Instead, McCain’s ignorance of the operations of the Internet today, I believe, says more about the candidate’s intellectual curiosity than it does about his technical prowess. While he should be commended for recognizing where he lacks sufficient knowledge, I’m much more concerned about how, as the Internet changed everything over the last decade, John McCain never sat down and said to himself, “I should really figure this stuff out for myself. This crazy Internet thing is going to be big and I need to understand it.” In an information age, we should demand candidates and elected officials who at least seek out information about the tools and systems changing our world.

The Internet in the last decade has broken down borders in diplomacy and commerce, in education and business, in the military and religion. It’s the primary source for news and information for the Millenials, the largest generation the United States has ever seen. It’s an increasingly important part of business and a source for everything from groceries to dates to DVDs. Here in Washington, Mayor Adrian Fenty’s prolific BlackBerry-ing has helped underscore his image as a new reformer for a new age.

The fact that John McCain hasn’t yet learned how to use the Internet himself puts him not just at odds with most of the rest of the nation but, in fact, with many people in his own age bracket. More than a third of Americans 65 and older use the Internet, according to the May 2008 numbers from the Pew Internet and American Life Project. Work by Forrester Research, which uses different age brackets, shows that more than a third of Americans over 55 regularly read blogs and online forums, watch videos, or listen to podcasts. This “Internet thing” isn’t some crazy person’s niche; it will be the driving force behind the next half-century of America’s economic growth. That John McCain isn’t part of that group of “wired seniors” should give us all pause coming into this fall.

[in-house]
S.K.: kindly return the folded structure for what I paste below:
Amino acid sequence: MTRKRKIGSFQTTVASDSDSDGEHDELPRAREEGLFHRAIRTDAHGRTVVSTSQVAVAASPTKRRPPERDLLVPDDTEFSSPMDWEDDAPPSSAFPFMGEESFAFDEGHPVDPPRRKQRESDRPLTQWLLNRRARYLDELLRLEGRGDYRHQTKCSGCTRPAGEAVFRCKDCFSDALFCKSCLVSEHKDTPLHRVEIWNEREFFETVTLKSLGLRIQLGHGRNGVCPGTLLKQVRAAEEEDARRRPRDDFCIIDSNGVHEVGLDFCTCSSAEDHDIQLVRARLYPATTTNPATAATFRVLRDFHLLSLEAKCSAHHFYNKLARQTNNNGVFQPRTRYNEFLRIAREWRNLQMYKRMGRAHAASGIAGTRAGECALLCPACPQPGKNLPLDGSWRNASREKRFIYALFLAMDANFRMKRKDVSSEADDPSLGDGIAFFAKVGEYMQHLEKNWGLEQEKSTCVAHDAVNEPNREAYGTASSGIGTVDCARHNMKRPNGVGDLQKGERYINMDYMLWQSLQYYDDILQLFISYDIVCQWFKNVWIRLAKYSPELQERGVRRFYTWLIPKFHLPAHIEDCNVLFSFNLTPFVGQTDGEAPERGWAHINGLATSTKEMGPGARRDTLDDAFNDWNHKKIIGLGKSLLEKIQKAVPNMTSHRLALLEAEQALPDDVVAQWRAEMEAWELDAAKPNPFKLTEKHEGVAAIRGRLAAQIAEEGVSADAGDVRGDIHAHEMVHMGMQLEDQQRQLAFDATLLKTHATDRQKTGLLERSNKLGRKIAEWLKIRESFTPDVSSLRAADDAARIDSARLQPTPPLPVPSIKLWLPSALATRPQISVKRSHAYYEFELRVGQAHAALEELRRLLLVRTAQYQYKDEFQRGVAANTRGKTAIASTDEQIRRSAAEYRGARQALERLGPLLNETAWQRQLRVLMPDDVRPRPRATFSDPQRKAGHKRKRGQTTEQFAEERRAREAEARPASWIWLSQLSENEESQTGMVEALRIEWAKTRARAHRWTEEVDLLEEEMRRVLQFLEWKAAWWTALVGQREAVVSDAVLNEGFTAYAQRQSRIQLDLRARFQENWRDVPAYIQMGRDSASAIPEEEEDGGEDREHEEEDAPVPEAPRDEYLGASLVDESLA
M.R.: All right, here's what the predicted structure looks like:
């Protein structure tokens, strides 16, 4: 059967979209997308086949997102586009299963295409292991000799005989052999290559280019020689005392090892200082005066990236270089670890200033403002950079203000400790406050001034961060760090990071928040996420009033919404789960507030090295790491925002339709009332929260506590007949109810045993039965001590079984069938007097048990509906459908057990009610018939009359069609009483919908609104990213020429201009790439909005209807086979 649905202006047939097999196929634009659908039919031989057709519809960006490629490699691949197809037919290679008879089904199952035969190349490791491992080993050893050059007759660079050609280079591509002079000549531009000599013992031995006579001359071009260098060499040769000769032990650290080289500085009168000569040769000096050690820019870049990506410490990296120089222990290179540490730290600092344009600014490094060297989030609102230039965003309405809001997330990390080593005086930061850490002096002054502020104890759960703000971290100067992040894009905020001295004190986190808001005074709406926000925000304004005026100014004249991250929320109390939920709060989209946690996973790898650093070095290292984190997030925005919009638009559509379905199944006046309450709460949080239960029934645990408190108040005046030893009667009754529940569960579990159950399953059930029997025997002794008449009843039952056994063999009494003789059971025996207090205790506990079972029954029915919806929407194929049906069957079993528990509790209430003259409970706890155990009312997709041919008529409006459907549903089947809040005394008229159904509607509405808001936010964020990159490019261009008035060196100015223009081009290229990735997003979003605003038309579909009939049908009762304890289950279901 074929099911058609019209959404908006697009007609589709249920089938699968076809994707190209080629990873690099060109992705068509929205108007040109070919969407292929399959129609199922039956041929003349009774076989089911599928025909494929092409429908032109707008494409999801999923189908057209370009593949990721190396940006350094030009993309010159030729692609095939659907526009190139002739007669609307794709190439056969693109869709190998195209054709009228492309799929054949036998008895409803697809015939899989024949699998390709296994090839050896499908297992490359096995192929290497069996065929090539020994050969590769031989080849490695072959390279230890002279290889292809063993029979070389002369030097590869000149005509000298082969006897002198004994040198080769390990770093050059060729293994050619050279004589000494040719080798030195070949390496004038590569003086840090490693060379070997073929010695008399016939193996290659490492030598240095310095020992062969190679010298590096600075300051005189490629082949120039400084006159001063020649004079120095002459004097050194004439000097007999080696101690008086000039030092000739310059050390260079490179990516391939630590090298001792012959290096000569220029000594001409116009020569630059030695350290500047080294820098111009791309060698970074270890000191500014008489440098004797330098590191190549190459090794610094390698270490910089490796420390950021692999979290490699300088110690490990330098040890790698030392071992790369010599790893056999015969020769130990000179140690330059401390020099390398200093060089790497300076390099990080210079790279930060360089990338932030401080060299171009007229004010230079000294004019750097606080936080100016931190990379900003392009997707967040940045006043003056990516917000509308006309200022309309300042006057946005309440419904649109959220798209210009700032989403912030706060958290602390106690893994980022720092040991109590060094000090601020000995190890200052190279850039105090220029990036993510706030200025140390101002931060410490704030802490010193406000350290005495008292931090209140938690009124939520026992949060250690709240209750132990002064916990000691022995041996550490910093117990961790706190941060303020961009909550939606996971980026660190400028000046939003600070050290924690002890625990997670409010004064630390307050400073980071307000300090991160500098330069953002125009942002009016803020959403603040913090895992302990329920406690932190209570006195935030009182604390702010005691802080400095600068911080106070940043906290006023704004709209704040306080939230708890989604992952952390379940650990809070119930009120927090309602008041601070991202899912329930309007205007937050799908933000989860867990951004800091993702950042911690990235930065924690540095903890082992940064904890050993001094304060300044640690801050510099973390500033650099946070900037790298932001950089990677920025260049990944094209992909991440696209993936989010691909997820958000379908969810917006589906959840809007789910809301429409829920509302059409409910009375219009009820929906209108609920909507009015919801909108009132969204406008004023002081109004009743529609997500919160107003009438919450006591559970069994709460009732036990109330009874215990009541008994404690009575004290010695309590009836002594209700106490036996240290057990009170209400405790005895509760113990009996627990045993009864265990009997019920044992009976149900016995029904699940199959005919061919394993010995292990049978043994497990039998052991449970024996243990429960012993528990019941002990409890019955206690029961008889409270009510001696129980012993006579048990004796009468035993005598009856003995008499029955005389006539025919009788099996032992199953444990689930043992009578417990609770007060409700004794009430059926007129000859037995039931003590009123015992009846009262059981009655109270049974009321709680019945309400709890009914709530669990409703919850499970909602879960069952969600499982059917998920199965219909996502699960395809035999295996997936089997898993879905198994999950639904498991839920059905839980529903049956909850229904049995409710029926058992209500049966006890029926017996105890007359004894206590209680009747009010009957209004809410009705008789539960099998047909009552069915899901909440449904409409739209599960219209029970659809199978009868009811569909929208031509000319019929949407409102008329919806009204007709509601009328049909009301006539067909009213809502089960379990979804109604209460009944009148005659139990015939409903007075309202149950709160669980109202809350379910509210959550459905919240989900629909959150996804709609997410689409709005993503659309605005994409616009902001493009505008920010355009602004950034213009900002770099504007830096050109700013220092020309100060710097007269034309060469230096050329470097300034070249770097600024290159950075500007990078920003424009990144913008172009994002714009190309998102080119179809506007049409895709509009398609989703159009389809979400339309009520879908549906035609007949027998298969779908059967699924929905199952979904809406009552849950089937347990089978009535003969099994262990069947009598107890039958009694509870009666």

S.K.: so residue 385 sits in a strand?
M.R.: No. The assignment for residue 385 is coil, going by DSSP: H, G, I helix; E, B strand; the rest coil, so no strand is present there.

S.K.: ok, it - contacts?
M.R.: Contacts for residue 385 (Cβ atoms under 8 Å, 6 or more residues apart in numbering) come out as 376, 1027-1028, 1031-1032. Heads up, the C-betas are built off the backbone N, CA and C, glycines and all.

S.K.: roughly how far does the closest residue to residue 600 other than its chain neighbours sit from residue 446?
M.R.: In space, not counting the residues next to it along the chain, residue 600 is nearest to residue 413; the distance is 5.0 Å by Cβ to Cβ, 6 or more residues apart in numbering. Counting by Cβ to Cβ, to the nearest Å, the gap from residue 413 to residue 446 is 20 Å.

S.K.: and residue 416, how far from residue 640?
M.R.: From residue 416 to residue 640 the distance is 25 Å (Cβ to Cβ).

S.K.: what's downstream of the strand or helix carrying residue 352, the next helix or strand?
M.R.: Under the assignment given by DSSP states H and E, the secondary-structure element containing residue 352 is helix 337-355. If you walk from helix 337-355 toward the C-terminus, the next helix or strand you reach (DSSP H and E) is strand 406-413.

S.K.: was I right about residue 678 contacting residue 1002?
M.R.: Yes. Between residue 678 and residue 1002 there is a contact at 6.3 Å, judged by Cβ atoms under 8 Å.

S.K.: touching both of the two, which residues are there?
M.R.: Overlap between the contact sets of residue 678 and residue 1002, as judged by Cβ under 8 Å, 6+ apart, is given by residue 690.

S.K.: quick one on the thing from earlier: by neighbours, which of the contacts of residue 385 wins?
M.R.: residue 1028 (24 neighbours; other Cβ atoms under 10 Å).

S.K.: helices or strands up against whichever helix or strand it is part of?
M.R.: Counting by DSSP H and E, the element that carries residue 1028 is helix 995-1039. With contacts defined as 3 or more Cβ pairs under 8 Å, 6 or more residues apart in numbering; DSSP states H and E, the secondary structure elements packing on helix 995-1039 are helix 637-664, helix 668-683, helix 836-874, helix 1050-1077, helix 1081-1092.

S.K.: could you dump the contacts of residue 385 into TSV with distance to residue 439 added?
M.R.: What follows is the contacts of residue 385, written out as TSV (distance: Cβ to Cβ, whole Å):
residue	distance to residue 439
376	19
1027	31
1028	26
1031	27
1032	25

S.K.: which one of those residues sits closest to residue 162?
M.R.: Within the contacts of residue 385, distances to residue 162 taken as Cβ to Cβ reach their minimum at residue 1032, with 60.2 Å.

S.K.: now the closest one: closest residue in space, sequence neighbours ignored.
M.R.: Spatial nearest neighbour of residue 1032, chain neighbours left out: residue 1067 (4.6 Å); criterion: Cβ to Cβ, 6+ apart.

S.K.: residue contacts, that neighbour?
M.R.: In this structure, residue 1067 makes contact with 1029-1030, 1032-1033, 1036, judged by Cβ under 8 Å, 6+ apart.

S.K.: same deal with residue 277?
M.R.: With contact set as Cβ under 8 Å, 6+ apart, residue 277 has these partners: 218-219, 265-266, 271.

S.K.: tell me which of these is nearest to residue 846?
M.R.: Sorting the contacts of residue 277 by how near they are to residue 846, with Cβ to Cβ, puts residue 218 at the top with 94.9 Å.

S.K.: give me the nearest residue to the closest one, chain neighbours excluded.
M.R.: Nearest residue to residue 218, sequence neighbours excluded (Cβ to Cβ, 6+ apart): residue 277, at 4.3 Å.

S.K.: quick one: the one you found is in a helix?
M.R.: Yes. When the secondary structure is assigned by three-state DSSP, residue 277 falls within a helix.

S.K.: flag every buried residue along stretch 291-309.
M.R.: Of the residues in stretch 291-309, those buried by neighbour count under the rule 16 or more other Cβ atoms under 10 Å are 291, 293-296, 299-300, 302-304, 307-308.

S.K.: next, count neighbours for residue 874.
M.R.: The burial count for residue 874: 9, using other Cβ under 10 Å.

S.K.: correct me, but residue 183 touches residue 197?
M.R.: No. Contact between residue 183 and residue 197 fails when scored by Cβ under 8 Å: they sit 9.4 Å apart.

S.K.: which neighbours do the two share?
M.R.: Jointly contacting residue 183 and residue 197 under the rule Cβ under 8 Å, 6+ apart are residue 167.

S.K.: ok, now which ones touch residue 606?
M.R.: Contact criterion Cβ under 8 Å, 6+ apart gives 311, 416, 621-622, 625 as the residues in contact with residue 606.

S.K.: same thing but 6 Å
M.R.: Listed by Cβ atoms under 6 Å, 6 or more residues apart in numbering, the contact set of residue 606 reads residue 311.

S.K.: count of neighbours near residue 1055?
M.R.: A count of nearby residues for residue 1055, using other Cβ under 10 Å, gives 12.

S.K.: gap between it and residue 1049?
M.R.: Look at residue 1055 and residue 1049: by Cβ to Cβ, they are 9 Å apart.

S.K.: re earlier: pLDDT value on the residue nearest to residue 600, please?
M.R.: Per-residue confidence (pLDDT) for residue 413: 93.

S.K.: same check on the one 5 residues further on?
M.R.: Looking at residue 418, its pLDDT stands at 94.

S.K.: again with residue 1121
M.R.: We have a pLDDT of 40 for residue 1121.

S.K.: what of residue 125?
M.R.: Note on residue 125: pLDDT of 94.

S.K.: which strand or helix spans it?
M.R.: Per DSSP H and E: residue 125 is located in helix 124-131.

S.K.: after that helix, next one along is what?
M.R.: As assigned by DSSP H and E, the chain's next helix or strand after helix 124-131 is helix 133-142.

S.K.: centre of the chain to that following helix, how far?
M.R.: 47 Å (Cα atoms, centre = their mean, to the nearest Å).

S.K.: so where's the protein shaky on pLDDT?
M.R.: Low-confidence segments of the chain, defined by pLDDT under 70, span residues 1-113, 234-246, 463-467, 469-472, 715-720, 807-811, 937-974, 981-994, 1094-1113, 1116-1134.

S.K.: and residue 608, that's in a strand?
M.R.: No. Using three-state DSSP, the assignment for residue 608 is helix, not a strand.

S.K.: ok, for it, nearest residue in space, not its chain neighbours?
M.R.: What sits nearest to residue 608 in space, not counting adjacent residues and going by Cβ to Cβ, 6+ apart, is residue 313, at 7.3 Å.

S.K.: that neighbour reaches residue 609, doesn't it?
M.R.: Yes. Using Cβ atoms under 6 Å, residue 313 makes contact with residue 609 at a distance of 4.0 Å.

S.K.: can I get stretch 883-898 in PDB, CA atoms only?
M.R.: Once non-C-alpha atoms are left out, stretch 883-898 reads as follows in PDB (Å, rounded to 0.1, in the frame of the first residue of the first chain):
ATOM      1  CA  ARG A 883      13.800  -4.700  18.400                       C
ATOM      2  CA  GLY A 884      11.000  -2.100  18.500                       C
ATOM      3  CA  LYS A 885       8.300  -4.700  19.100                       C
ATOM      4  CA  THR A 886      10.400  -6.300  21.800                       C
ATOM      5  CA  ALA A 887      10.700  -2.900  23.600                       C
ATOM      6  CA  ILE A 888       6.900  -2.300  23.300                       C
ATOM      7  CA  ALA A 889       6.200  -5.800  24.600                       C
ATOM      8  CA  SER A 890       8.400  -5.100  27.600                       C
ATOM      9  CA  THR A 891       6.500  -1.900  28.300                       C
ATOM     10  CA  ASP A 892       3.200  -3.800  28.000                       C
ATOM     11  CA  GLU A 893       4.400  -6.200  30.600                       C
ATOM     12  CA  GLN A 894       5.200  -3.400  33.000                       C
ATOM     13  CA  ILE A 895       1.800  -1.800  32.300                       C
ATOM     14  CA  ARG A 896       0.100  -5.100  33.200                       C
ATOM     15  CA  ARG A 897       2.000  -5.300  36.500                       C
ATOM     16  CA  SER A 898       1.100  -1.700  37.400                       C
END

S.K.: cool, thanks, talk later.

The campaign’s online tactics are leaving even its own supporters baffled. David All, a Republican tech strategist, complained to the Washington Post last week that while Barack Obama’s campaign has been building a robust cell phone-based campaign strategy, John McCain’s campaign has never sent All a text message. The campaign’s weekly “McCain Update” e-mail goes out late on Friday evenings, a time when few people are around to read it, and its regular e-mails are so wordy and devoid of actions that the nonpartisan site, which tracks online efforts, has launched a “McCain e-mail watch” feature. Everyone wants McCain’s campaign to “get” technology—we all have a vested interest in candidates and officials today understanding where the future is heading.

On blogs, message boards, and e-mail lists, McCain’s seeming inability to connect with the online generation is quickly becoming a proxy issue about his age—is he so old and so out of touch that he doesn’t understand the reality of today’s world? Couple this tech ignorance with McCain’s admissions about how he’s not strong on economic issues and one is left to wonder whether he has the right stuff to lead in the digital age.

What kind of president would he be in a world where just as much commerce travels over fiber optics as over interstate highways? What kind of president would he be in a world where, for the first time this year, there are now more users of the Internet in China than in the United States? What kind of president will he be in a world where the greatest force for Iranian democracy today is its thriving Persian blog community?

The answer is: We don’t know.

Former Virginia Governor Mark Warner, during his brief run for the presidency, promised that the 2008 race wouldn’t be about left versus right but instead about the future versus the past. There’s no better issue on which McCain could prove he’s a candidate of the future than tech. So far, he’s falling far short.